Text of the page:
DALLAS - Continued economic expansion and strong financial performance resulted in Brazoria County, Tex., receiving two rating upgrades ahead of a two-tranche, $18 million deal.

Both Fitch Ratings and Standard & Poor's raised the underlying credit of the Gulf Coast county to AA from AA-minus.

Fitch analysts said the upgrade reflects tax-base diversification and "prudent fiscal management that has enabled the county to increase its unreserved general fund balance to a very healthy level while managing a rapid population growth."

Moody's Investors Service rates the county's credit at Aa3 but had not issued a rating for the new bonds as of yesterday.

In about two weeks, Brazoria County plans to issue $10 million of general obligation refunding bonds and $8 million of road bonds in a negotiated sale with First Southwest Co. as senior manager.

The new-money component of the sale is the second slice of a $50 million bond package passed by voters in November 2004 for road upgrades. Following the upcoming deal, the county will have about $37.2 million of outstanding debt and $28 million of authorized but unissued road bonds, according to analysts. County officials plan to issue the remaining road bonds over the next three years.

Estrada Hinojosa & Co. is the financial adviser to the county. Allen Boone Humphries Robinson LLP is bond counsel.

Donald Gonzales, managing director at Estrada Hinojosa, said the county awaits a rating decision from Moody's and it may be another upgrade. He also said the bonds - which are set to price June 9 - may be insured "if it makes sense financially." Insurance "may not be cost effective" for the refunding bonds due to the upgrades and the short maturities of the debt, he added.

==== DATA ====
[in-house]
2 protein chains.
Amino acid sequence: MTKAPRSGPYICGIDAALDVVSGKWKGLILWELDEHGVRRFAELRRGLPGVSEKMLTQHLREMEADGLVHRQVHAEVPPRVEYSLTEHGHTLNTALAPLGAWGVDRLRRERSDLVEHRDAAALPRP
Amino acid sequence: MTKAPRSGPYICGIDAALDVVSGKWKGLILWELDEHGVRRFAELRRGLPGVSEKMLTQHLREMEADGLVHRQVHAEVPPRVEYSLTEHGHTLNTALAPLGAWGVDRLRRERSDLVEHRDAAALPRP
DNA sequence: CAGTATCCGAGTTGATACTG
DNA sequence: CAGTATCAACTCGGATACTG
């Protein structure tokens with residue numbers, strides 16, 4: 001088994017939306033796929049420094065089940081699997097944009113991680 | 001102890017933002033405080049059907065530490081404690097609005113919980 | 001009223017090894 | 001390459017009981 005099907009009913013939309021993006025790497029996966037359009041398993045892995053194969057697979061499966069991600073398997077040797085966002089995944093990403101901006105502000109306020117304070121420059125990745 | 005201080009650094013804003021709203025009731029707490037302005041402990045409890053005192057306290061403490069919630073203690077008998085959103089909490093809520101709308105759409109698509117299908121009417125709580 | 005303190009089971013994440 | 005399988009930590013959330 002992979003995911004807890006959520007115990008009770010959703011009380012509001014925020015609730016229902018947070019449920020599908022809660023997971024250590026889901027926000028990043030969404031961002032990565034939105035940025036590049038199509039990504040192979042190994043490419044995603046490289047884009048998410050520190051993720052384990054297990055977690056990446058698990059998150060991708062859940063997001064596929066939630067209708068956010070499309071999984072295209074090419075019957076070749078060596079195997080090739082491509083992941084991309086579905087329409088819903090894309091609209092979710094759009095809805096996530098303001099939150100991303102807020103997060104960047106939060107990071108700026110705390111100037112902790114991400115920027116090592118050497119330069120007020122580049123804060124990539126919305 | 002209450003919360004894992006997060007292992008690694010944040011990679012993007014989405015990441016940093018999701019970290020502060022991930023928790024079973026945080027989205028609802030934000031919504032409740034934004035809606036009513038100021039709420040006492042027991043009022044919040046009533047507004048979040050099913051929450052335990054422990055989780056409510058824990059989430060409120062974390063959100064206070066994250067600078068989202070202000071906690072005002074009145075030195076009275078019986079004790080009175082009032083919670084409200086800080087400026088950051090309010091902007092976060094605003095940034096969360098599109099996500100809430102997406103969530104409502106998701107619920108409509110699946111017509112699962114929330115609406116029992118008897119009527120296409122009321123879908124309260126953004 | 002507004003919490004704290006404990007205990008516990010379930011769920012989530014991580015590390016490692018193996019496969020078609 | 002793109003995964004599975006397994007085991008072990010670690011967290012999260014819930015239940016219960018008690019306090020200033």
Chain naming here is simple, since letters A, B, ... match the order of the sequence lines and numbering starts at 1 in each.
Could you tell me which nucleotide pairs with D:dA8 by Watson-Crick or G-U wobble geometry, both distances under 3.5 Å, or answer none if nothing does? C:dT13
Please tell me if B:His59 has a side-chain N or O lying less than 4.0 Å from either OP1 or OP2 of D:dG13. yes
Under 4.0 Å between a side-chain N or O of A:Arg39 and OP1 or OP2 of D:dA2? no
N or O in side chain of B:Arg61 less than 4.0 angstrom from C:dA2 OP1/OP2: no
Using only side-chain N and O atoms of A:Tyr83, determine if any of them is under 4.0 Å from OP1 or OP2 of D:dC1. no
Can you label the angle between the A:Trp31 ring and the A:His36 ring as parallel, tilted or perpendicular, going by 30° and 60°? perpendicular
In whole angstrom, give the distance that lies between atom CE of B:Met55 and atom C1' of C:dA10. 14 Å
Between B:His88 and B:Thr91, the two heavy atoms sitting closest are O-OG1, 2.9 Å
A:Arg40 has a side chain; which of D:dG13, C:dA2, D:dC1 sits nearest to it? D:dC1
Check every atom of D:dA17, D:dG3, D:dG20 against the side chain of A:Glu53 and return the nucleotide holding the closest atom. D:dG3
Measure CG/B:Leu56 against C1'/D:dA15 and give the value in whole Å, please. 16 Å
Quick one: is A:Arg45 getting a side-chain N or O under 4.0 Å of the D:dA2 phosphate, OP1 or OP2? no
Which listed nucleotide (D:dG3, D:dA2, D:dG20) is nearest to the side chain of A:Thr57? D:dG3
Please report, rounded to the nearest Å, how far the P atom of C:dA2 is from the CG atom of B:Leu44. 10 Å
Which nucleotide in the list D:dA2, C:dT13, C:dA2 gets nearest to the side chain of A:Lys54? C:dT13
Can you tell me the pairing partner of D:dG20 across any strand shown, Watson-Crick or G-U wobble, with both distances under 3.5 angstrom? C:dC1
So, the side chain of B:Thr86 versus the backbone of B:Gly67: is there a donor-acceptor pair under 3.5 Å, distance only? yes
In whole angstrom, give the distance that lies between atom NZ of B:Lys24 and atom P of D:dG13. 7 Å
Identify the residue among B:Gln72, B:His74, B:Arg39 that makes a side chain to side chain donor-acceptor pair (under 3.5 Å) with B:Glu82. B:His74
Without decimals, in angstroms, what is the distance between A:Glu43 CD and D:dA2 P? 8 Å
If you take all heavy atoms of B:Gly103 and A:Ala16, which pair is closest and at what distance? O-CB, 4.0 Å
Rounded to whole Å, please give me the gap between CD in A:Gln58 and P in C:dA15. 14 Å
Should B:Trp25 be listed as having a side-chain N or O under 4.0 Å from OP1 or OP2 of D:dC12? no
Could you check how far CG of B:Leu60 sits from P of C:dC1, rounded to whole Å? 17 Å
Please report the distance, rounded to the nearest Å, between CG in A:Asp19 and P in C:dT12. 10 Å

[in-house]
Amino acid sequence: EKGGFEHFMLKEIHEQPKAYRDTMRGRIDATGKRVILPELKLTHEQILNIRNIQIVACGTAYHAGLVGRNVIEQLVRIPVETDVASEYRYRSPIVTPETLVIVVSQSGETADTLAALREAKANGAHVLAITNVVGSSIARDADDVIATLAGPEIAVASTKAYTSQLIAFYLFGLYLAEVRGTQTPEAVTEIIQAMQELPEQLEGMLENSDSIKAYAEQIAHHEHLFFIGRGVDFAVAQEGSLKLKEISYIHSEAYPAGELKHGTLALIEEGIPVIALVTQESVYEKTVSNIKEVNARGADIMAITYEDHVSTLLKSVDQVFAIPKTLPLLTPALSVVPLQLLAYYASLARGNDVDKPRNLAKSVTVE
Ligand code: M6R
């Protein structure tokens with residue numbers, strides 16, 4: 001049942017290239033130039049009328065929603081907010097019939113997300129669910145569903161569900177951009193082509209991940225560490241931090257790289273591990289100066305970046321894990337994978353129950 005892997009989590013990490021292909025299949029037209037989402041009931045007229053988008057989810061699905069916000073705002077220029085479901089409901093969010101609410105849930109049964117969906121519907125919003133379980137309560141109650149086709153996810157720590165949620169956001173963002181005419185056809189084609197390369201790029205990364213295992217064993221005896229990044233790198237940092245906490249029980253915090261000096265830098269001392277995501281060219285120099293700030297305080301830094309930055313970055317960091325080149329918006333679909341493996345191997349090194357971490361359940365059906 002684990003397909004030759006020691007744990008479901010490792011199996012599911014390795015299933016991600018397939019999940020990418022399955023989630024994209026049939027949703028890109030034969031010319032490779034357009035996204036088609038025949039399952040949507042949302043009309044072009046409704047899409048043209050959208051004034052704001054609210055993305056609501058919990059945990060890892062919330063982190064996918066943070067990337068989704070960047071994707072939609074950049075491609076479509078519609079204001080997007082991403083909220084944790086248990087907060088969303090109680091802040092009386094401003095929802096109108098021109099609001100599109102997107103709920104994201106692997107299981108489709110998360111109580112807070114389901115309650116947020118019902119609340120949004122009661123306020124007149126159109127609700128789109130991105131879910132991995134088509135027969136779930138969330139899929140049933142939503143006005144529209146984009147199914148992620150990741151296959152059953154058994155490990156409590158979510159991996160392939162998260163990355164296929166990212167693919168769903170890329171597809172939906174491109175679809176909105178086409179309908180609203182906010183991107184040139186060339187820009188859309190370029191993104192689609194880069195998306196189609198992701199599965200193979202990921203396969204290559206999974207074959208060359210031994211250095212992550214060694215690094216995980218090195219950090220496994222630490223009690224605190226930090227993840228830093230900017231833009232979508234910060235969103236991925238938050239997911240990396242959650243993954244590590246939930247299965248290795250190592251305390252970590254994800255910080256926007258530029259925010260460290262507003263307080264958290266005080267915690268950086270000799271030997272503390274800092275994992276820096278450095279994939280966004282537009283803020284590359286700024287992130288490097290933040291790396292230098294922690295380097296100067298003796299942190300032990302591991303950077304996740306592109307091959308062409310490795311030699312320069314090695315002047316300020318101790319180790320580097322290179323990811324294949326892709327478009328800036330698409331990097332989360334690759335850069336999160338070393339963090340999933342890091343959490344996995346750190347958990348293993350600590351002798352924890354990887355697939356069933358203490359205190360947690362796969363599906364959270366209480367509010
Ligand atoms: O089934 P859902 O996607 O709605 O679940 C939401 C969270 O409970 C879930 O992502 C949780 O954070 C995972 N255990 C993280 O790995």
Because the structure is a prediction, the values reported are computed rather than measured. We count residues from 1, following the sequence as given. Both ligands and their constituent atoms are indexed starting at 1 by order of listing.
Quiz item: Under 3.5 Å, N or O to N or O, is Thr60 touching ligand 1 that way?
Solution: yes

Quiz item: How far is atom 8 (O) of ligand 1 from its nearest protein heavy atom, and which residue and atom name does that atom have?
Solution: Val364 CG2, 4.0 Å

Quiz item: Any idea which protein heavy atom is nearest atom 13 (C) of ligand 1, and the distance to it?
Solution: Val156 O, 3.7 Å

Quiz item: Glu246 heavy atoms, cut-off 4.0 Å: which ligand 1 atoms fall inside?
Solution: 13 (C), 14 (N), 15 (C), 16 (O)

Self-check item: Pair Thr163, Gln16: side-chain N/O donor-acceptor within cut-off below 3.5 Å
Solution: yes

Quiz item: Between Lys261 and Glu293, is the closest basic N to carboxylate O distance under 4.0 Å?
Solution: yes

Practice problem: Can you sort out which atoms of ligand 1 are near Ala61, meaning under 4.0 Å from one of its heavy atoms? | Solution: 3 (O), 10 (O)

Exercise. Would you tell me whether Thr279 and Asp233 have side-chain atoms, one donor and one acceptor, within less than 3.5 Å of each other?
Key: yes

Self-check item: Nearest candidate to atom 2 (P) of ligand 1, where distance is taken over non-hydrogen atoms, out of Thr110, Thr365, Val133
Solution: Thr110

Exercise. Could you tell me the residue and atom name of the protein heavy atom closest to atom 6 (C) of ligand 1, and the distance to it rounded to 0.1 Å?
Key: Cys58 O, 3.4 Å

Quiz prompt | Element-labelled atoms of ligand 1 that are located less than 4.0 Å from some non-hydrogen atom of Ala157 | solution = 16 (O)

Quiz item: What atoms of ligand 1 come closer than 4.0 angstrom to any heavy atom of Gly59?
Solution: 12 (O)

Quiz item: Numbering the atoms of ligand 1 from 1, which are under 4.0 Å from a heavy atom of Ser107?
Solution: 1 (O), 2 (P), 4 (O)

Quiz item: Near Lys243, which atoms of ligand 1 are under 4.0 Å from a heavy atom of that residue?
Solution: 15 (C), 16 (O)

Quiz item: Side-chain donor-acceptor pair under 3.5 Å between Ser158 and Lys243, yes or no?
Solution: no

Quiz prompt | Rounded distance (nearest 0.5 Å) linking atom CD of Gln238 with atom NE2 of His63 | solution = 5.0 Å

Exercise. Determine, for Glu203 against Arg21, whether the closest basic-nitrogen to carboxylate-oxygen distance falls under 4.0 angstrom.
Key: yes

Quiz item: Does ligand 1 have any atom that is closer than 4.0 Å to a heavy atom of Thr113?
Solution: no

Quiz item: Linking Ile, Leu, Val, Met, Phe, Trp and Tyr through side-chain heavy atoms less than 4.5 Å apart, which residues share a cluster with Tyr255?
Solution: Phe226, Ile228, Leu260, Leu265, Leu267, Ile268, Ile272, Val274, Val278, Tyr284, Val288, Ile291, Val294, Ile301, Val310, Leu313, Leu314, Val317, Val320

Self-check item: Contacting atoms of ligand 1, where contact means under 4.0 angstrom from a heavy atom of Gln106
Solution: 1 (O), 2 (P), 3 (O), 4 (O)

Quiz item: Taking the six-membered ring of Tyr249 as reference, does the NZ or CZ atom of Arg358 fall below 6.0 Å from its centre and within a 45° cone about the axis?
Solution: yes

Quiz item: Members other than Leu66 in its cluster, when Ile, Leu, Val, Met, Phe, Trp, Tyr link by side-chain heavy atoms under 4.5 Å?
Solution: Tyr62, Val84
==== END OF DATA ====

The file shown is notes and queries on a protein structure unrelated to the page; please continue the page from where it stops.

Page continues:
Coastal Securities Inc. and Southwest Securities Inc. are co-managers for the deal.

Gonzales said the upgrades are also a reflection of the continuation of what the county has been doing for several years. He said the various governmental entities across Brazoria work extremely well together, and proceeds from the road bonds represent the county's share of some joint projects.

The county's largest city, Pearland, has watched its population more than double since the 2000 Census to roughly 75,000 from 37,640 at the start of the decade. Some projections show the population of the Houston suburb swelling to nearly 150,000 residents by 2020.

Standard & Poor's cited the county's expanding economy, with easy access to the Houston metropolitan area, strong wealth and income levels, and "proactive budget management" in the upgrade.

Gonzales said the commissioners' court and other elected officials are active in the budget-planning process, staying relatively conservative in their fiscal management.

The county ended fiscal 2007 with a $6.7 million general fund surplus, pushing the fund balance to $23.8 million. Brazoria County is one of a few in Texas with a half-cent sales tax levy, providing revenue diversity, according to Standard & Poor's.

The taxable assessed value of the county has risen steadily the past five years, including double-digit gains in 2006 and 2007, to $18.9 billion for fiscal 2008. Analysts attributed much of the growth to residential development. The county said "building permit values more than tripled in fiscal 2005" and at least 60% of valuation growth is due to construction of new single-family homes "reflecting a significant shift in tax base concentration," according to Fitch.

About 57% of the tax base was commercial and industrial in fiscal 2002, whereas now it's closer to 43%, while the residential ratio climbed to 44% of the current tax base from 35% five years ago, analysts said.


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